Rural Health Initiative
Addressing the rural healthcare provider shortage to improve health across Western North Carolina.
State appropriations in 2015 and 2016 for the University of North Carolina, totaling $18.6 million in recurring funds, has enabled MAHEC to expand health sciences education and training in Western North Carolina to address the region's unique rural health needs.
These state-funded initiatives include the development of new residency programs in general surgery and psychiatry; rural medicine fellowships; expansion of existing family medicine residency programs and medical student training; establishment of a new WNC-based master of public health program; increased rural training for learners from high school through post-graduate internships; a state-of-the-art medical simulation center; and an academic health center focused on rural population health research.
Why this focus and why now?
There is a substantial need for more healthcare providers in WNC.
- All 16 WNC counties are primary care health professional shortage areas (HPSAs).
- There is an estimated shortage of 85 primary care providers and general surgeons across WNC.
- An estimated 20% of adults in WNC have a behavioral health diagnosis, and our suicide rate is significantly higher than national benchmarks.
- Opioid-related injuries and deaths in our region are among the highest in the state and nation.
Access to effective healthcare, a healthy workforce, and lower overall healthcare costs are key factors to promote regional growth.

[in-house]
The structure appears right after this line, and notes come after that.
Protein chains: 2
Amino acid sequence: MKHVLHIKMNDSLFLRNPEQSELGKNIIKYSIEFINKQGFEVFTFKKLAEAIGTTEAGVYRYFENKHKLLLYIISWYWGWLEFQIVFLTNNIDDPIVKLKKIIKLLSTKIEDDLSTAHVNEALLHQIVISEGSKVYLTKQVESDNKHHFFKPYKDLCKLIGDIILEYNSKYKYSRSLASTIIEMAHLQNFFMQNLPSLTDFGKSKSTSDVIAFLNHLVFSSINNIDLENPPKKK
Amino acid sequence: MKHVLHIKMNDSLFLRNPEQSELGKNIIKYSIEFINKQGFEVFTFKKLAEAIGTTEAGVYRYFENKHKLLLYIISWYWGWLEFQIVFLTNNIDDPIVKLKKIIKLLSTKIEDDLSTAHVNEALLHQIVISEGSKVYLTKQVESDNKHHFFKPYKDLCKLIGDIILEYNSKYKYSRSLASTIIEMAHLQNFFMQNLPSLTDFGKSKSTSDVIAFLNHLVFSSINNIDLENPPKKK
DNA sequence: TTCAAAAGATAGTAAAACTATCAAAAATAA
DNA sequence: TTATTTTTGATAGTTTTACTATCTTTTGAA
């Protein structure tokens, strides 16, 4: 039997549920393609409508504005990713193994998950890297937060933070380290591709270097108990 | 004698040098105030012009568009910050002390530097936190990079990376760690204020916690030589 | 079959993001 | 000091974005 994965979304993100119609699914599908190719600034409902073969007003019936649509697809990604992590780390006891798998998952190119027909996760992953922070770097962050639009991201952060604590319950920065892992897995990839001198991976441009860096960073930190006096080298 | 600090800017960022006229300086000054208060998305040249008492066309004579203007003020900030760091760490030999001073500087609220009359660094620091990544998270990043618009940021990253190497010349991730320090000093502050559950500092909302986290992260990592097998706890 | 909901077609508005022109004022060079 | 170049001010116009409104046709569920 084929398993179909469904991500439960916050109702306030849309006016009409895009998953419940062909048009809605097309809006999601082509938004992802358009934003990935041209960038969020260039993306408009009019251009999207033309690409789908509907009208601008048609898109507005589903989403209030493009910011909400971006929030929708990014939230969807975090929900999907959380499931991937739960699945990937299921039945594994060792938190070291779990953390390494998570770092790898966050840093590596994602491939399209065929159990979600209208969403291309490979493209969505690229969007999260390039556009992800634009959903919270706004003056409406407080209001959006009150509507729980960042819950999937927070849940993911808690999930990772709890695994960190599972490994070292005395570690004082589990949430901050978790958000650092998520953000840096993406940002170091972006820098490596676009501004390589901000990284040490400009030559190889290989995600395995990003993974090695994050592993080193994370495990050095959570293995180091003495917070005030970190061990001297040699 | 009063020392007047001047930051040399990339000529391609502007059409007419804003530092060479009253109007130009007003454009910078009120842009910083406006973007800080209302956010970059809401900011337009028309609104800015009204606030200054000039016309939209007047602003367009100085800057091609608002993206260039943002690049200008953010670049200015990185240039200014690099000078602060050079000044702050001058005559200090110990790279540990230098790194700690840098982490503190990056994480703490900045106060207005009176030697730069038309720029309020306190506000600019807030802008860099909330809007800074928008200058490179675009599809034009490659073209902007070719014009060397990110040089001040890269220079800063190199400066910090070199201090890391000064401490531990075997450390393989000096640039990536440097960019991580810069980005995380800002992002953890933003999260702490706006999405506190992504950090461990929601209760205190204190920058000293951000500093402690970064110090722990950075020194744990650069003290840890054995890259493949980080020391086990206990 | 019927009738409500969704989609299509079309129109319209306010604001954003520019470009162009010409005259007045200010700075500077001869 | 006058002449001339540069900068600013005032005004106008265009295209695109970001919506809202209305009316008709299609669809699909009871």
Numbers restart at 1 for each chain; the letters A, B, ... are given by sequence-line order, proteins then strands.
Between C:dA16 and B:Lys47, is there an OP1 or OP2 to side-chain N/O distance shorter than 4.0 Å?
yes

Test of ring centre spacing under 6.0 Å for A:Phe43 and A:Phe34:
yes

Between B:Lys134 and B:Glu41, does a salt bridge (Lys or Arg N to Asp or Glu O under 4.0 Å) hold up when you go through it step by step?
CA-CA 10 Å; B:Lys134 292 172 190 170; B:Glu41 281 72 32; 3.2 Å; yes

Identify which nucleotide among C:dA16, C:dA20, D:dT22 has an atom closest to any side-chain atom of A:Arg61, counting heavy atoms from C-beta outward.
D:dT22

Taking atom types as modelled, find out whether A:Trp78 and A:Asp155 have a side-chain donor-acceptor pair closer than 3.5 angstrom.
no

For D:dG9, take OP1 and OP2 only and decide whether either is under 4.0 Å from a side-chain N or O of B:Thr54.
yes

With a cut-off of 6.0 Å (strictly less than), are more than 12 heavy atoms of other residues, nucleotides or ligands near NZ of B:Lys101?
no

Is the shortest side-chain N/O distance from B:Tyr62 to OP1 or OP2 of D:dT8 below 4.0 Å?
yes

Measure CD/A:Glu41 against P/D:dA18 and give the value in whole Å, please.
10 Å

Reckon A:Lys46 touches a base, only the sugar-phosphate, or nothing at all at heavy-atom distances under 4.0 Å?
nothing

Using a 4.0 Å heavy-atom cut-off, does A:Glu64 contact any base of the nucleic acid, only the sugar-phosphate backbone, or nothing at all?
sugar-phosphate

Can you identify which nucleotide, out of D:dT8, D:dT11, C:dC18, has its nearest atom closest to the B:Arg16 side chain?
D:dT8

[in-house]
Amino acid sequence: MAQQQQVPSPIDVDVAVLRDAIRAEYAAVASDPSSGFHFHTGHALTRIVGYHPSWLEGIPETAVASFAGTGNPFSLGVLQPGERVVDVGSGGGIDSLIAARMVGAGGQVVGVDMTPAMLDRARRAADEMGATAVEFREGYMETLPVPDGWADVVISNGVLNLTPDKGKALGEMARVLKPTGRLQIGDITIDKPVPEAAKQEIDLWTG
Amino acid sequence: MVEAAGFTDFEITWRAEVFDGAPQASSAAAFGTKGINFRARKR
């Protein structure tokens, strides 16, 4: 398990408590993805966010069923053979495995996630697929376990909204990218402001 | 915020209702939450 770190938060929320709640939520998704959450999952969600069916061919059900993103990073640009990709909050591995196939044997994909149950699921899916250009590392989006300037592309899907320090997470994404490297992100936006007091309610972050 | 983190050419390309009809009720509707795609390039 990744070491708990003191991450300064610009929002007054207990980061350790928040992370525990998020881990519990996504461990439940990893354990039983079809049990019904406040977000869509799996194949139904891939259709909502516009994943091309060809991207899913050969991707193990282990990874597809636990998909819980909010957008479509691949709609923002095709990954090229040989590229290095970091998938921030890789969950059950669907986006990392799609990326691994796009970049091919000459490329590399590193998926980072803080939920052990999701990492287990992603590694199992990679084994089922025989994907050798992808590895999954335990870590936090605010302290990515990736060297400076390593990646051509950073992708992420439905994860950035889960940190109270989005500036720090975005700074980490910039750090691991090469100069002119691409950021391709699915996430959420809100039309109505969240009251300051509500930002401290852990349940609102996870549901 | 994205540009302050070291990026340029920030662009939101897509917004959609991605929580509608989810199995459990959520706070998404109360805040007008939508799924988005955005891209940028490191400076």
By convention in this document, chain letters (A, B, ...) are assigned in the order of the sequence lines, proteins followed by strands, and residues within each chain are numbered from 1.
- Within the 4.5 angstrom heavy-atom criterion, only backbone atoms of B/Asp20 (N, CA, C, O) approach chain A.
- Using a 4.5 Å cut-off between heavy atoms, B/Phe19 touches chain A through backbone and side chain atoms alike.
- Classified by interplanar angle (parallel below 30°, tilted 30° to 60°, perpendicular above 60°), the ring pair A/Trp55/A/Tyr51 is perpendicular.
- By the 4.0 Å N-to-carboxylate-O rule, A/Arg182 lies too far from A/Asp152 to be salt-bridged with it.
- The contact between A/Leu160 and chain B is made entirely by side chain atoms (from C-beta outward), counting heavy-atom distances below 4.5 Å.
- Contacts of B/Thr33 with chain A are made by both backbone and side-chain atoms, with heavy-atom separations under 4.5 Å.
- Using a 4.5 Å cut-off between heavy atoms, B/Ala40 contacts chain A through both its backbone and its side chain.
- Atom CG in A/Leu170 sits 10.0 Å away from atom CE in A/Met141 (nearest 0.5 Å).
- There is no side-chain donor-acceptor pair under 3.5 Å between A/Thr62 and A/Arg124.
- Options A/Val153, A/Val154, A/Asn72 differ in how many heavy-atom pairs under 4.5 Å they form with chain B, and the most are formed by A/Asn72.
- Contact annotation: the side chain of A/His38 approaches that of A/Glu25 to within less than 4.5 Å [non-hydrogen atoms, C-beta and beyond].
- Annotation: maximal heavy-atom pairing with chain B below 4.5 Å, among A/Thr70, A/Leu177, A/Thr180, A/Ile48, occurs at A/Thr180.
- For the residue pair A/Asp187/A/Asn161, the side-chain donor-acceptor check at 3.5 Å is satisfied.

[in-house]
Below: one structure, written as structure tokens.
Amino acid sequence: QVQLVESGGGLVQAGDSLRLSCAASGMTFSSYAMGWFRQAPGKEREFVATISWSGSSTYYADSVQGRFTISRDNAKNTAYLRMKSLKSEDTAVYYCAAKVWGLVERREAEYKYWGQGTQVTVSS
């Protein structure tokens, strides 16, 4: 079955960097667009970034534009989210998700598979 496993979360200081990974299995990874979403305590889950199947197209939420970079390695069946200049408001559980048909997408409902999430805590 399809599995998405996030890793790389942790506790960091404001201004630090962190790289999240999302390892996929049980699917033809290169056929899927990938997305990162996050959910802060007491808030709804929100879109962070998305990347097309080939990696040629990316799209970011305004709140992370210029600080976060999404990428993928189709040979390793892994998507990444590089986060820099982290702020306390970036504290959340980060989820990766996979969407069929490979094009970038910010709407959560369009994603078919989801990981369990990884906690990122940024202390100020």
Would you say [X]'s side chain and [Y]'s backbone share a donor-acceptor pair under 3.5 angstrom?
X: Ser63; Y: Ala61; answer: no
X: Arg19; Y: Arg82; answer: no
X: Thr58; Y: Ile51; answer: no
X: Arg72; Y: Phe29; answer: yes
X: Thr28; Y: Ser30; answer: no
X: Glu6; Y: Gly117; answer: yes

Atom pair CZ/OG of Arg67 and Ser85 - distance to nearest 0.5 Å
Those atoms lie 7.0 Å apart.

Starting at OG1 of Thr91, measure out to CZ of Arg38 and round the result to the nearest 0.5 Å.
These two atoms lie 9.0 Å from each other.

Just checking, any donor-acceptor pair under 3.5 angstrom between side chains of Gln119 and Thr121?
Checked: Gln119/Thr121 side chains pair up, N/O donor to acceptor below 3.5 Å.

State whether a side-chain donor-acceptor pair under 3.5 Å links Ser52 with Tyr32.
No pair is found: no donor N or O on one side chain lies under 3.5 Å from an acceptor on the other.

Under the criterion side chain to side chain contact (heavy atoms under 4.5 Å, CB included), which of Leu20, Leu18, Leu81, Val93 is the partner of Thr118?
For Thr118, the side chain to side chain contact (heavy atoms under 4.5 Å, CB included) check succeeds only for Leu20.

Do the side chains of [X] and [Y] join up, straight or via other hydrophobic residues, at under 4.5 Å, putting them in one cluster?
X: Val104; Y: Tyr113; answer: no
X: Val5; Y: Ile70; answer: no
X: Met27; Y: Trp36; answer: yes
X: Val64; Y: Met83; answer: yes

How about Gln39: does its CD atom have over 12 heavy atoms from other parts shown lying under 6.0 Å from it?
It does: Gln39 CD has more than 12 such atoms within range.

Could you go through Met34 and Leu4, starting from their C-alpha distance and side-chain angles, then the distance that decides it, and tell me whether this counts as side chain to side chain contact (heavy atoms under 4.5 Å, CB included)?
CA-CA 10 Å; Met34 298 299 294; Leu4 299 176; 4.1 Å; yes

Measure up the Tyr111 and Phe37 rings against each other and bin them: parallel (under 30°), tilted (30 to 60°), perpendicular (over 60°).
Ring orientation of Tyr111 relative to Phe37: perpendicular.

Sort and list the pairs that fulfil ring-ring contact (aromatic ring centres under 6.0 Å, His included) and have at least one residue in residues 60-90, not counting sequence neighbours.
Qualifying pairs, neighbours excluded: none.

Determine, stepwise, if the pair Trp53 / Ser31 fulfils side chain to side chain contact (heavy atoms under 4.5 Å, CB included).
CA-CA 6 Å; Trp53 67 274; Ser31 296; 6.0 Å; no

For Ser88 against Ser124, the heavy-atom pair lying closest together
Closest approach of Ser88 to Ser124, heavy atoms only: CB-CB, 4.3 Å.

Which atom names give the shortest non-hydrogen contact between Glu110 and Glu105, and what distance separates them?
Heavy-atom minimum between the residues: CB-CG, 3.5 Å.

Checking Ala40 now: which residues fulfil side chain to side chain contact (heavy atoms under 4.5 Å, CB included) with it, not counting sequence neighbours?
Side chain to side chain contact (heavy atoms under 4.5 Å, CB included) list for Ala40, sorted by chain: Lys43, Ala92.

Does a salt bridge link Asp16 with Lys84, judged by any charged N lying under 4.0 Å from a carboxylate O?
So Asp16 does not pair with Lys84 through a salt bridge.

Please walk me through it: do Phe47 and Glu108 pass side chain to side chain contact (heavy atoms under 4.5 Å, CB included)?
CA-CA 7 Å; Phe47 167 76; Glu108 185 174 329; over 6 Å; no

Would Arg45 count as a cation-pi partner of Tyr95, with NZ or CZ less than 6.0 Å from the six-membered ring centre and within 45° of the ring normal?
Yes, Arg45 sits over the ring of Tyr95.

This is not only a WNC problem, but a statewide and a national problem:
- The number of physican specialists has grown by 90% since 1975, while the number of primary care physicians has grown at a much slower rate.
- The number of psychiatrists has only grown by 7.5%, and the majority of WNC counties have no practicing psychiatrist.
- Only 10% of graduating surgery residents are practicing as general surgeons - the only type of surgeon needed in rural areas.
So why not just train more surgeons, psychiatrists and family doctors?
The average cost of training a resident is $150,000 per year for family medicine and $200,000 per year for ob/gyn. The primary source of funding for resident training is Medicare. Since 1997, the number of positions funded by Medicare has been capped at 1996 levels, even though the population has increased and aged. Despite the cap on new residencies, the number of subspecialty residents has increased by 40%, while primary care residents have only increased by 13%.
In 1993, a General Statute required 60% of students in North Carolina’s two public medical schools and 50% in the two private medical schools to enter into primary care. But reports by the Sheps Center at UNC Chapel Hill show the state’s need for primary care physicians is not being met.
MAHEC’s track record is strong. For more than 40 years, we have trained physicians, pharmacists, dentists, and allied health professionals to provide primary care in WNC. Since 1974, more than 551 physicians and dentists have graduated from MAHEC's residency and fellowship programs. More than 314 of our graduates established practices in North Carolina, nearly all of them right here in WNC. More than 60% of MAHEC's family medicine residents remain in WNC upon graduation.
Each year, healthcare providers and public health professionals from all 16 WNC counties benefit from MAHEC’s educational programs.
MAHEC's rural health initiative has the potential to make a substantial health and economic impact in WNC with the support of the newly established UNC Health Sciences at MAHEC and long-standing collaborative partnerships with healthcare systems and community organizations across the region.
For more information about MAHEC's rural health initiative, please contact Karen Hyman at Karen.Hyman@mahec.net.